I’ve recently received several questions on how best to calibrate and profile newer wide-gamut monitors. The questions are likely precipitated by poor-quality profiles generated by older monitor calibration devices. In this post I’ll include a short background on what wide-gamut monitors are, why they are the wave of the future and offer practical advice on getting the best monitor profile for these new monitors.
What is a wide-gamut display?
Every physical device is limited in the range of colors it can reproduce. An inkjet printer can’t reproduce a more saturated shade of cyan or yellow than the ink contained in the ink cartridge. The amount of red your monitor can display is limited by the hardware used in the LCD panel, and so forth. The range of colors your device can reproduce is referred to as the device’s color gamut.
Most monitors have a color gamut roughly approximating the sRGB color gamut. As you’re probably well aware, the sRGB color gamut is smaller than is found in the widely used Adobe 1998 color space. Indeed, many of the saturated colors in Adobe 1998, which can be printed on your inkjet printer are outside the gamut of the sRGB colorspace. This means that even though you can capture these colors with your camera and print them on your printer, you can’t see them on your monitor. Instead, you see an approximation of these colors as limited by your monitor’s color gamut.
Wide-gamut monitors eliminate this problem because their color gamut matches a larger percentage of the Adobe 1998 color space. (The actual percentage is usually listed in the monitor’s specifications). The advantage of wide-gamut monitors is that you see the colors contained in your photos and your photos look more vibrant than on a standard-gamut monitor. This helps you to accurately see all the colors present in your original photo.
Disadvantages of Wide-gamut monitors
There are two main problems with using wide gamut monitors.
1) Web Sites Look Terrible
Most online graphics and photos are prepared to display correctly on standard-gamut monitors. Most often, this is done by creating graphics in, or converting images to the sRGB color space. This works reasonably well so long as visitors to the site are indeed using a standard-gamut monitor. These assumptions can go terribly awry should a visitor view the site using a wide gamut monitor.
Colors in non-color managed photos and graphics look overly-saturated and garish. I’d show you how garish, but you can’t see them unless you have a wide-gamut monitor.
For graphics to display normally on a wide-gamut monitor and a standard-gamut monitor, color management is essential. The designer needs to embed the appropriate ICC profile in the images and for graphics, use a file format which supports color management (most do not). From there, the site visitor with the wide gamut monitor needs to use a color managed Web browser like Firefox 3.1+ or Safari.
The moral of the story is if you’re using a wide-gamut monitor, be sure to use a color- managed browser. If you’re preparing content for the Web that you think might be viewed on a wide-gamut monitor, be sure to embed an ICC profile and encourage your site visitors to use a color-managed browser like Safari or Firefox.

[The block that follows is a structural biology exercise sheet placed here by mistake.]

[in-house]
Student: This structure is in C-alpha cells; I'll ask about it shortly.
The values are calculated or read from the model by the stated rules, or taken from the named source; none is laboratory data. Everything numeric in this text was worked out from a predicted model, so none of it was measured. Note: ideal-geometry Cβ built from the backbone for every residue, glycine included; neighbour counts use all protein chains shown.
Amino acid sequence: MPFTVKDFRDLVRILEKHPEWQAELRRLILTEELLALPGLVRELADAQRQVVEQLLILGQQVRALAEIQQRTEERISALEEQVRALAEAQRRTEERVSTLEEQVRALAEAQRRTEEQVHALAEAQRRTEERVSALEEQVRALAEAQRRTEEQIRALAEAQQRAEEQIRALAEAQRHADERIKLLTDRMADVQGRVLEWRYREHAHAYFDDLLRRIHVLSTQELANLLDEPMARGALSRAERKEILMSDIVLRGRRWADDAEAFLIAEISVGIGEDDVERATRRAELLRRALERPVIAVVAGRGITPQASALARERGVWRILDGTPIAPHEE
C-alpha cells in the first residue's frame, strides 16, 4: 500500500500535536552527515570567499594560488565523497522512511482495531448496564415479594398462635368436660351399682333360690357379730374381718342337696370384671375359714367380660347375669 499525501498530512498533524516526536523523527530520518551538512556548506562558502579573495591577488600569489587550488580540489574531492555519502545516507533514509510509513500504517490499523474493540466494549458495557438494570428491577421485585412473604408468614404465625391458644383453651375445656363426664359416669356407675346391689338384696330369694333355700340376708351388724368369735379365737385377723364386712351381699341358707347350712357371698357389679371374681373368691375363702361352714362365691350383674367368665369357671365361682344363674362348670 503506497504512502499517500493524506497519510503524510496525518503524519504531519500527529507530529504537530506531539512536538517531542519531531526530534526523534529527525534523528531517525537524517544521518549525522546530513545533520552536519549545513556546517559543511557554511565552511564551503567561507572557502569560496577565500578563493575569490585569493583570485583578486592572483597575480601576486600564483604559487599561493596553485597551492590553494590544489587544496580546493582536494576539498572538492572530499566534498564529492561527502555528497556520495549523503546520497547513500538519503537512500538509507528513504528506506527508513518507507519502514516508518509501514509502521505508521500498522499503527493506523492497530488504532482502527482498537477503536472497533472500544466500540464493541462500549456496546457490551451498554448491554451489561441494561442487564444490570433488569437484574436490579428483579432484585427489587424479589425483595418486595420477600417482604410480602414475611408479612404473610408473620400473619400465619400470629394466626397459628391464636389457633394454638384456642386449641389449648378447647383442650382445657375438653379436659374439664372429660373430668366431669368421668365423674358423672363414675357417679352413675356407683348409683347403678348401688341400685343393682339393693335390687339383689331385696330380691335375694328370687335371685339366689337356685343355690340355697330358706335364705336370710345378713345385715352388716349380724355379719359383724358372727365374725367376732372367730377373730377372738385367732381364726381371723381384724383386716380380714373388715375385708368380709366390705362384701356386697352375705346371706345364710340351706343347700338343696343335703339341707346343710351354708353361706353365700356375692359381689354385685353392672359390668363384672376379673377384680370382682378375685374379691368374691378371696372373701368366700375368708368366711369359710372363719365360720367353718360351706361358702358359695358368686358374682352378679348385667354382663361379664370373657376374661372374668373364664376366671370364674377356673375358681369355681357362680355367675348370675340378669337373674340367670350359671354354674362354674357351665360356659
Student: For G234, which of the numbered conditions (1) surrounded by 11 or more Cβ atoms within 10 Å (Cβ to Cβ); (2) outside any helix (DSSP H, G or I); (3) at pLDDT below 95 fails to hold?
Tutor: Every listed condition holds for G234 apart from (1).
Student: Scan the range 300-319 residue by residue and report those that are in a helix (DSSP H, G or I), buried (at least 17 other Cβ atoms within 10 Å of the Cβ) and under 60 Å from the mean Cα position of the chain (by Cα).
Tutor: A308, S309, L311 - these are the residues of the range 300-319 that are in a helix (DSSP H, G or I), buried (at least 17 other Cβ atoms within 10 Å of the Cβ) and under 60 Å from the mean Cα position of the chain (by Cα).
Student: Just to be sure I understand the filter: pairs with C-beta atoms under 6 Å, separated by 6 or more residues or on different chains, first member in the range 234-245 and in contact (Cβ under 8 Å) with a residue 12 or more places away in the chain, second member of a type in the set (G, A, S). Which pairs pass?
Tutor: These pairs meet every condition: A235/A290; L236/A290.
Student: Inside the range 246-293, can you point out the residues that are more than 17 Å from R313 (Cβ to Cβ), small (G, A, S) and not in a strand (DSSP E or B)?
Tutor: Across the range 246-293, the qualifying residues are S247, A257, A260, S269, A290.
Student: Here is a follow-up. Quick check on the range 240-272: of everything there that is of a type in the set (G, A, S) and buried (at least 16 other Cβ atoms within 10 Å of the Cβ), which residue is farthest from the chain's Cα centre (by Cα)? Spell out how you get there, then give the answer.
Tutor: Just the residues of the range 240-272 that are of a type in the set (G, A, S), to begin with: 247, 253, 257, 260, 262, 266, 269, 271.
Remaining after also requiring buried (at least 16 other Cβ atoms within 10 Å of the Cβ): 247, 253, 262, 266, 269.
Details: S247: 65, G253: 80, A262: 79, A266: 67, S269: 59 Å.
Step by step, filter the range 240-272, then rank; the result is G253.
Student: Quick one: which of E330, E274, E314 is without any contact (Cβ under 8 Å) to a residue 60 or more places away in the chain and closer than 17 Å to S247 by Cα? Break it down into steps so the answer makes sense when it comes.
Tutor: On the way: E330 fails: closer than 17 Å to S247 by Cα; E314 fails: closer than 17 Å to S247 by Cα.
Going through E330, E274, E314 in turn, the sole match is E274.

Note: This issue occurs with wide-gamut monitors and any non-color managed application (e.g. Word and PowerPoint).
2) Calibration and Profiling Your Monitor Can Be Problematic
Perhaps more important to photographers is the difficulty in building an accurate color profile of the monitor. To understand exactly why this is problematic, you must know a little bit about the two types of monitor calibration devices; colorimeters & spectrophotometers.
Colorimeters: The majority of monitor calibration devices currently on the market are colorimeters. They measure color by passing light through each of three (or more) filters. The intensity of light measured through each of these filters is used to calculate the color of the light being transmitted from your monitor.
Spectrophotometers: Used for building printer profiles as well as monitor profiles, a spectrophotometer is capable of measuring the wavelength of light emitted from a monitor or reflected off prints.
Many colorimeters currently on the market are designed to work with standard-gamut monitors and are less effective at measuring wide-gamut displays because the filters have not been tailored to measure the wider color gamut of these displays. Spectrophotometers do not require the use of filters, for measuring color so they are unaffected by the monitor’s color gamut.
If you’re profiling your wide-gamut monitor, you will get the best results from using either a spectrophotometer or a colorimeter designed for wide-gamut displays.
For specific buying advice, I asked the two largest producers of monitor calibration devices to recommend products from their lines.
Joshua Fischer: Sales & Education Manager for Datacolor: “We use a 7-color filter in our colorimeters to make them effective for both wide-gamut and standard-gamut displays. Right now the Spyder 3 Express is wide-gamut capable right out of the box. Both the Spyder 3 Pro and Elite packages are wide-gamut capable with a free software upgrade available through the software update feature within the application. “
As monitor manufacturers move more toward wide-gamut displays for their entire product line, it is likely that all color management packages will be able to profile wide-gamut displays effectively. What will likely take longer is the improvement in color managing Web content and integrating ICC color management in Web browsers.